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Merita Morić — Music Is Universal Language That Connects Us All

Music is a way of communicating thoughts and emotions. When did you start to lean into it? How did you connect to music at your beginnings?

I started at very young age, first time i was singing in public when I was 5 but I think I started even earlier to connect and to feel music. My family made some videos during the war, when I was maybe 3 years old and I was already singing. For me, music and art in general, is an escape from our reality to some more beautiful and peaceful reality where there is place for everyone, no matter the skin color, nationality, religion or anything else.

How did your visit and education in Spain profile you and your musical choices?

Spain is so special and full of art and artist everywhere. There is a lot of street art, especially in Granada, so the culture is everywhere. Music, architecture and the history of this place just make you feel as if you where a time traveler and you woke up in a different century. I have chosen Spain for my Erasmus studies because of that. I was probably the only Bosnian student of French language in Spain ever, but I learned not only about these two languages but also about flamenco and about Spanish culture which was actually my idea. To share music with different profiles of people is what inspires me. I met musicians from Greece, England, Belgium, France, Germany, Israel who were there to learn about flamenco and you realise that the music is an universal language that connect us all.

'Flamenco Balcánico' is your latest album published this year. Album is a blend of Spanish and Bosnian music. Could you tell us more about this project?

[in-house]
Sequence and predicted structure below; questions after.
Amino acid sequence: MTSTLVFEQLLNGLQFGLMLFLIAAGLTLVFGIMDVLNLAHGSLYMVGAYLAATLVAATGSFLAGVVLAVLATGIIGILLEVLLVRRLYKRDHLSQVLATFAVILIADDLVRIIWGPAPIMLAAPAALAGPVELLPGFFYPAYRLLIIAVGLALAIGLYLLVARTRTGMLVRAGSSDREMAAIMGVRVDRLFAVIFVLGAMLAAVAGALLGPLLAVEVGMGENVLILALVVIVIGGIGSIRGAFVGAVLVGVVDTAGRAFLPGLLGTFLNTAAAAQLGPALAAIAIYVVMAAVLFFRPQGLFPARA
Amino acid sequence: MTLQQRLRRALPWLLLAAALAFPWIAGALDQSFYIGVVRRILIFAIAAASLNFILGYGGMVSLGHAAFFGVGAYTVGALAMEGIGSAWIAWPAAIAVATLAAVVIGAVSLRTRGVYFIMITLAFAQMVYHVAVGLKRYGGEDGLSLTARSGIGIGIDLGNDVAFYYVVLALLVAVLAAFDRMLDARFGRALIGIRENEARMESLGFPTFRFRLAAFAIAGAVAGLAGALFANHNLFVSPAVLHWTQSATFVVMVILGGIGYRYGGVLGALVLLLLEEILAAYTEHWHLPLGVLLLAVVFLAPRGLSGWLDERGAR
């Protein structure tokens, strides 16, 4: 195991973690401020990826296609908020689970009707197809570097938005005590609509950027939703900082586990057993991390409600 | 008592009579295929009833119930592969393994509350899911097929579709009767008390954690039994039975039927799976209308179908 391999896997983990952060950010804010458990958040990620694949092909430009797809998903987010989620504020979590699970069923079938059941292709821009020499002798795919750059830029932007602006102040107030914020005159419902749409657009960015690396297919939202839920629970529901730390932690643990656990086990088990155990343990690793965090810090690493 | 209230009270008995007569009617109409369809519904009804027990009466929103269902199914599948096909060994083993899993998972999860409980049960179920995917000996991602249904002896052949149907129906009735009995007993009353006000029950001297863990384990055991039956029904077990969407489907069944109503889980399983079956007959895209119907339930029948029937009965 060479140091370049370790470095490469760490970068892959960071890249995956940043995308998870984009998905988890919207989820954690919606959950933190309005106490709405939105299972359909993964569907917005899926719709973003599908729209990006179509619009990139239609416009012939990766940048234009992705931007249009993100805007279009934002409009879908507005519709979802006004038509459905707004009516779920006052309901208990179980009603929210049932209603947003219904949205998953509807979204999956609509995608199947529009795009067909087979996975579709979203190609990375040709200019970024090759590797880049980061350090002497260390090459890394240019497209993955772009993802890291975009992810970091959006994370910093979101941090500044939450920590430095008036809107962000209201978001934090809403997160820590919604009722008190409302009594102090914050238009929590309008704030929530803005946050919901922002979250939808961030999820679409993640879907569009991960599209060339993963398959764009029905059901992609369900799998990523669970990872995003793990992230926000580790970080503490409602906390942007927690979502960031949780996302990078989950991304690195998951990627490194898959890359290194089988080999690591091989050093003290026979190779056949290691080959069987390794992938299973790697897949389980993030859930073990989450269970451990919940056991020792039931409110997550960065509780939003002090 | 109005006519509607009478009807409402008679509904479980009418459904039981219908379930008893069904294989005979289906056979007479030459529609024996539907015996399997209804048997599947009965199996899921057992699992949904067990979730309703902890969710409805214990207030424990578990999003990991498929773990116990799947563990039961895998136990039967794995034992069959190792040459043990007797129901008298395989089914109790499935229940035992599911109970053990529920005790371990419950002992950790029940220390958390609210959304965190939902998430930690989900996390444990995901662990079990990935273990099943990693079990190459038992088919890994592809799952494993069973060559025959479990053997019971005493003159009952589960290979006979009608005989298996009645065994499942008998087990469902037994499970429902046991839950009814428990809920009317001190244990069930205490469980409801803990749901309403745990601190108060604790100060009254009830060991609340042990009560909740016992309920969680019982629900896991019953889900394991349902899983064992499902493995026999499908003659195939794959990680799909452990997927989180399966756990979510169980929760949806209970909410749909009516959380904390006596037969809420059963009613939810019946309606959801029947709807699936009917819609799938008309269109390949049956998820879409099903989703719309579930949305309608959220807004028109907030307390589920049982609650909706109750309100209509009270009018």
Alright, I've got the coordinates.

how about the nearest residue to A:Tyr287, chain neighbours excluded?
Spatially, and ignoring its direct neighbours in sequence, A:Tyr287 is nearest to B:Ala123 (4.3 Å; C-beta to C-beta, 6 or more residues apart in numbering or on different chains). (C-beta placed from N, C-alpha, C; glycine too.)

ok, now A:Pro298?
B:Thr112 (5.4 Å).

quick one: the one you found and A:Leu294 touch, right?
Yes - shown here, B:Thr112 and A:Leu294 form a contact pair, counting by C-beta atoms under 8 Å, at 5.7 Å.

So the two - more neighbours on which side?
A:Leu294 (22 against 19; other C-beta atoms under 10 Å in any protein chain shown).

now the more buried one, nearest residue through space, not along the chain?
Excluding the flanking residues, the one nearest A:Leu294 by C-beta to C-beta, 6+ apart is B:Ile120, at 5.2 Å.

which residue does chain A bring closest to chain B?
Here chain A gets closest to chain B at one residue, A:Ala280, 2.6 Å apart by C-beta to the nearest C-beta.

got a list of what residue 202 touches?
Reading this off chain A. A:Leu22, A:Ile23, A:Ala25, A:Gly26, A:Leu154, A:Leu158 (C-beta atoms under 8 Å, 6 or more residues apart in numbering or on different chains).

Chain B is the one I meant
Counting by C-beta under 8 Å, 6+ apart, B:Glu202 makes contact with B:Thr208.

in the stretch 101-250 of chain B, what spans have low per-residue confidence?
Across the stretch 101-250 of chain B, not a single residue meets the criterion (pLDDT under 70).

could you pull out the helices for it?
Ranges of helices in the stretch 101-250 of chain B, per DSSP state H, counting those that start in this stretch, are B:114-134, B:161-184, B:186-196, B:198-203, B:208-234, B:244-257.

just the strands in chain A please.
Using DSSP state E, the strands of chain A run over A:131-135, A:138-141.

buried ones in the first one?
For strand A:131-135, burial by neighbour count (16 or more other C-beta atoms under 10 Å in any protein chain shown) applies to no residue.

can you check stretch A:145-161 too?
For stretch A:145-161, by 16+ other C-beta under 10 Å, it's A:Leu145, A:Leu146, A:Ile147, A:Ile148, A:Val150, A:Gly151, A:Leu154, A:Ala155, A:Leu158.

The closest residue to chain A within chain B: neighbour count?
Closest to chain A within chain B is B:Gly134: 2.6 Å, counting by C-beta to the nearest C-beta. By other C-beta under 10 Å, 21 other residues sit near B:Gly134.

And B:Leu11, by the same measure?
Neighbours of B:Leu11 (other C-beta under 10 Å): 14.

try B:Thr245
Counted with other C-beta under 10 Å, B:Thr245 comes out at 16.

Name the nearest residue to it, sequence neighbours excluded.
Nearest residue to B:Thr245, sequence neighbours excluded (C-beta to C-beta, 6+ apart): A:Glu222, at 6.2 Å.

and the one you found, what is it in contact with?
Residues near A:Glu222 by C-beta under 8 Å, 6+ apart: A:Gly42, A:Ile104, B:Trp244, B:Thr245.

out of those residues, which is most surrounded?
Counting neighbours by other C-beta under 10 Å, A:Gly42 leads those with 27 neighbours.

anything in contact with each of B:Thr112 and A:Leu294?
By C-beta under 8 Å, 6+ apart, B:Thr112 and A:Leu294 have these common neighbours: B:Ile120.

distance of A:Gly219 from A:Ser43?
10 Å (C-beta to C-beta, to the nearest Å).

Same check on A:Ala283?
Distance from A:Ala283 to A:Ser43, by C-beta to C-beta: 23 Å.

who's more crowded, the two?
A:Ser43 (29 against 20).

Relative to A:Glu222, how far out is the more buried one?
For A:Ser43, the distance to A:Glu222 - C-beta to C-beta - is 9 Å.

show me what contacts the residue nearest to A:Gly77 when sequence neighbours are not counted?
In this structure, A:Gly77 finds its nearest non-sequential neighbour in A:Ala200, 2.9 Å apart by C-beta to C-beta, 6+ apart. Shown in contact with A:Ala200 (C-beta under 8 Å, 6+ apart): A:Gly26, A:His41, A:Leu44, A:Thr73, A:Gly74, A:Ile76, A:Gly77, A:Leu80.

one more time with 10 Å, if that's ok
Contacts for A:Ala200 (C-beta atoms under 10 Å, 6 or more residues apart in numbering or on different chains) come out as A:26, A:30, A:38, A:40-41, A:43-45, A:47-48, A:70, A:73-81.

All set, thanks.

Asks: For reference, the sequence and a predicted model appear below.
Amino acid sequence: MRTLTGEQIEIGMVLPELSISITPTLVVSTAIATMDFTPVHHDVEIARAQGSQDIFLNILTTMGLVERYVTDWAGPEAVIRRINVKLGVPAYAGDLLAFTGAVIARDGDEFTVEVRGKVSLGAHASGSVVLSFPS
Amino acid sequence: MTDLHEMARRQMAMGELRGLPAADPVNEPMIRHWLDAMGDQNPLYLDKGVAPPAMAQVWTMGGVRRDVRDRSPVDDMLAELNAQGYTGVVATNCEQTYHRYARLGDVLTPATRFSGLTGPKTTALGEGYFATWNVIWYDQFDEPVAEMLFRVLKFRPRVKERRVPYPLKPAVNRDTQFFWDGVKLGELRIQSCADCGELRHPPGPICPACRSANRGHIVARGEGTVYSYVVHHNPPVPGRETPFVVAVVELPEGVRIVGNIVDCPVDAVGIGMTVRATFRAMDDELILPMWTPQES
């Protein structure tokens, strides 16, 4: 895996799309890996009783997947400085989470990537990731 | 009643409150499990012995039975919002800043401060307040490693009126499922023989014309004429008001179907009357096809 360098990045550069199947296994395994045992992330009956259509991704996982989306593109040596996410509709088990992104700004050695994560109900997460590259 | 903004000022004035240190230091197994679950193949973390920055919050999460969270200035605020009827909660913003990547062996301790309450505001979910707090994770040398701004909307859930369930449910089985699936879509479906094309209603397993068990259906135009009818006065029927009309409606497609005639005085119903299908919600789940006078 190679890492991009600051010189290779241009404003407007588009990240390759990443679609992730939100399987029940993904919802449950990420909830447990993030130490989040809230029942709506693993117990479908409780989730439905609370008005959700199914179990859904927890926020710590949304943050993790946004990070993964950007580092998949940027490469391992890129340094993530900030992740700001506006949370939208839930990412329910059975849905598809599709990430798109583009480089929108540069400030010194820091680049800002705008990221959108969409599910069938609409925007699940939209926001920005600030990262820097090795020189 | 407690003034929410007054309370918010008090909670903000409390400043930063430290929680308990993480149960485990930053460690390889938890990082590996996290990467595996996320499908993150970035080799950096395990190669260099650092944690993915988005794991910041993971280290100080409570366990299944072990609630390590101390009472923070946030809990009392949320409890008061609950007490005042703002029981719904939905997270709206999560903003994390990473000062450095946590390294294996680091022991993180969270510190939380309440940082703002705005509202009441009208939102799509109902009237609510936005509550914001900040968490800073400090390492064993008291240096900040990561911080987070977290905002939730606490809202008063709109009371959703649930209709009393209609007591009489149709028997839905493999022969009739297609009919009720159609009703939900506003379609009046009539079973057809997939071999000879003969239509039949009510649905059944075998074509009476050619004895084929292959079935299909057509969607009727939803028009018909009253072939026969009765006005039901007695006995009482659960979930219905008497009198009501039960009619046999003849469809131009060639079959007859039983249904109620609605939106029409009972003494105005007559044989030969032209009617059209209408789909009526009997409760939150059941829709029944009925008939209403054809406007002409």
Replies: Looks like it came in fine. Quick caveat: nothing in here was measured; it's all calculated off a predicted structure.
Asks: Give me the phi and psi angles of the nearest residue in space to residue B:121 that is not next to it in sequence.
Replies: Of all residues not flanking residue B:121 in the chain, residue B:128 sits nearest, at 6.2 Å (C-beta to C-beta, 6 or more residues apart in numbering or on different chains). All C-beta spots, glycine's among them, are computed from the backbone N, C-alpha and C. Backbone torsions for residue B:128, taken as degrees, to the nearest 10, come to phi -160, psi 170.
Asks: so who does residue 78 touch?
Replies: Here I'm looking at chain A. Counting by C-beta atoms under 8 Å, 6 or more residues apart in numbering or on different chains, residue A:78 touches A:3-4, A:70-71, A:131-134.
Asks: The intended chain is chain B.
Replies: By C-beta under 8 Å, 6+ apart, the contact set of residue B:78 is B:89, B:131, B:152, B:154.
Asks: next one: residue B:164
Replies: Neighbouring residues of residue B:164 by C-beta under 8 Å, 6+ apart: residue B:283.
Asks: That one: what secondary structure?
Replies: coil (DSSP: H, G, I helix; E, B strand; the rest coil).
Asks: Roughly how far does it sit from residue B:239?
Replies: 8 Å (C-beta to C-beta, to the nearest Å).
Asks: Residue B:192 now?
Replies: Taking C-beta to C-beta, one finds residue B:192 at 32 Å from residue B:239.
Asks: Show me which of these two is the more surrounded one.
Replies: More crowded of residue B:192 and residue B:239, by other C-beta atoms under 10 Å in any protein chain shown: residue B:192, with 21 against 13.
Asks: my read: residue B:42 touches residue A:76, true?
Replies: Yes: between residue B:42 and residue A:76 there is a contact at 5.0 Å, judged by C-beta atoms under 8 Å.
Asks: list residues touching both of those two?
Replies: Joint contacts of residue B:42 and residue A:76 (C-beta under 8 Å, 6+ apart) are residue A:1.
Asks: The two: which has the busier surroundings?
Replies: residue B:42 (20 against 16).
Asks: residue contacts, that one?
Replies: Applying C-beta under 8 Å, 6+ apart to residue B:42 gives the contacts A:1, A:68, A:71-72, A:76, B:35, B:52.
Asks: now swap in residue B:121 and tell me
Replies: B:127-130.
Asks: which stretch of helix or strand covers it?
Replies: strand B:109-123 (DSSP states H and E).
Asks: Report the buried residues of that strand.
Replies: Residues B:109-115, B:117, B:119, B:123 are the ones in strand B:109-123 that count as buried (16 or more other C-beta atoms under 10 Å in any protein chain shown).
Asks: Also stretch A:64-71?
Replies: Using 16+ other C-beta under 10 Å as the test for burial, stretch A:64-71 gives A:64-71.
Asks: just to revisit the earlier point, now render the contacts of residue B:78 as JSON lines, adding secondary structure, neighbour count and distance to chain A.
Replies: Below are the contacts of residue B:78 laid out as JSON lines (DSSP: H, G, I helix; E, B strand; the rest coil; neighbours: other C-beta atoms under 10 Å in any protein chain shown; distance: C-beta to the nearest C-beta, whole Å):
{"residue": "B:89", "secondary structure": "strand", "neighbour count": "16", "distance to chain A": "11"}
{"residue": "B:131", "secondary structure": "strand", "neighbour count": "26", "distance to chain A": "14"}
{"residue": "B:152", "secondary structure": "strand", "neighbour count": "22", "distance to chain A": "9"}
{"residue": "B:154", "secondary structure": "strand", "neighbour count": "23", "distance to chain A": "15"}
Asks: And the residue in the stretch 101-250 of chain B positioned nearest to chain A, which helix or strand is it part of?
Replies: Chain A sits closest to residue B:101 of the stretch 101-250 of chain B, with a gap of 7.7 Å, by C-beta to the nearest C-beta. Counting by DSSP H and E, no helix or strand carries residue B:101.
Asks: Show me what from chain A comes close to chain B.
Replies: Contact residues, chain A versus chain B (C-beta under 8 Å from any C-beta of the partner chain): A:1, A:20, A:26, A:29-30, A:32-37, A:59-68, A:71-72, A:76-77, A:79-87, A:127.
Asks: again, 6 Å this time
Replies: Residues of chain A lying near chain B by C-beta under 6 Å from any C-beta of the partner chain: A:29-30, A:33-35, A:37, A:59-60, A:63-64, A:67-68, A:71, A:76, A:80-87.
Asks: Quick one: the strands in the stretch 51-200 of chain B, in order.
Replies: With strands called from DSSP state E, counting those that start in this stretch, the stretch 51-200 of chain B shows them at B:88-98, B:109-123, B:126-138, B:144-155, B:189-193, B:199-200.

Project Flamenco Balcánico started with this amazing guitarist, maestro Jerónimo Maya, while I was in Spain. We tried to create a new sound that would unite these styles. We agreed that flamenco and Balkan music have a lots of things in common, especially in the way they can make us feel when you listen to them. They can transmit extremely deep emotions. Also, we know that during the history Spain and Bosnia met in 15th century when Sefardi Jews came in Bosnia bringing with them their culture, music and sound that affected sevdah as we know it today. So, the fusion between flamenco and sevdah is very natural. Also with other Balkan styles because its music that's been played by gypsies just as flamenco, and that is another thing in common that made this fusion so beautiful.

We recorded first in studio Pavarotti in Mostar and then in Long play studio in Sarajevo. I am very happy and proud that we recorded in the best studios in country. The sound is really amazing and for me it was very important. In future, the plan is to make a tour and promote the album but we still don't have exact dates.

Duo 'Hector & Merita' already had tours in Bosnia and Herzegovina. Any plans for Balkan region or Europe?

Hector and I recently became parents so now we are more trio then duo. We play for our son but he is still young and one of us has to stay home and take care of him which means it's more complicated to do concerts together but we play for friends and family and we practice music so I hope we will be back doing concerts together.

You are currently residing in Paris, and I'm sure readers would love to know if you have more plans when it comes to connecting French spirit with Balkan roots.

People here are amazed by Balkan music and I have some plans to do projects with French musicians. In Paris the fusion is very common because you can find musicians from all around the world playing so many different styles and they have excellent level of knowledge and practice. They are curious about new sounds and I’m very happy to live in a place like that because one can learn and be free at the same time which I think is essential for making a progress.

Author: Hana Tiro

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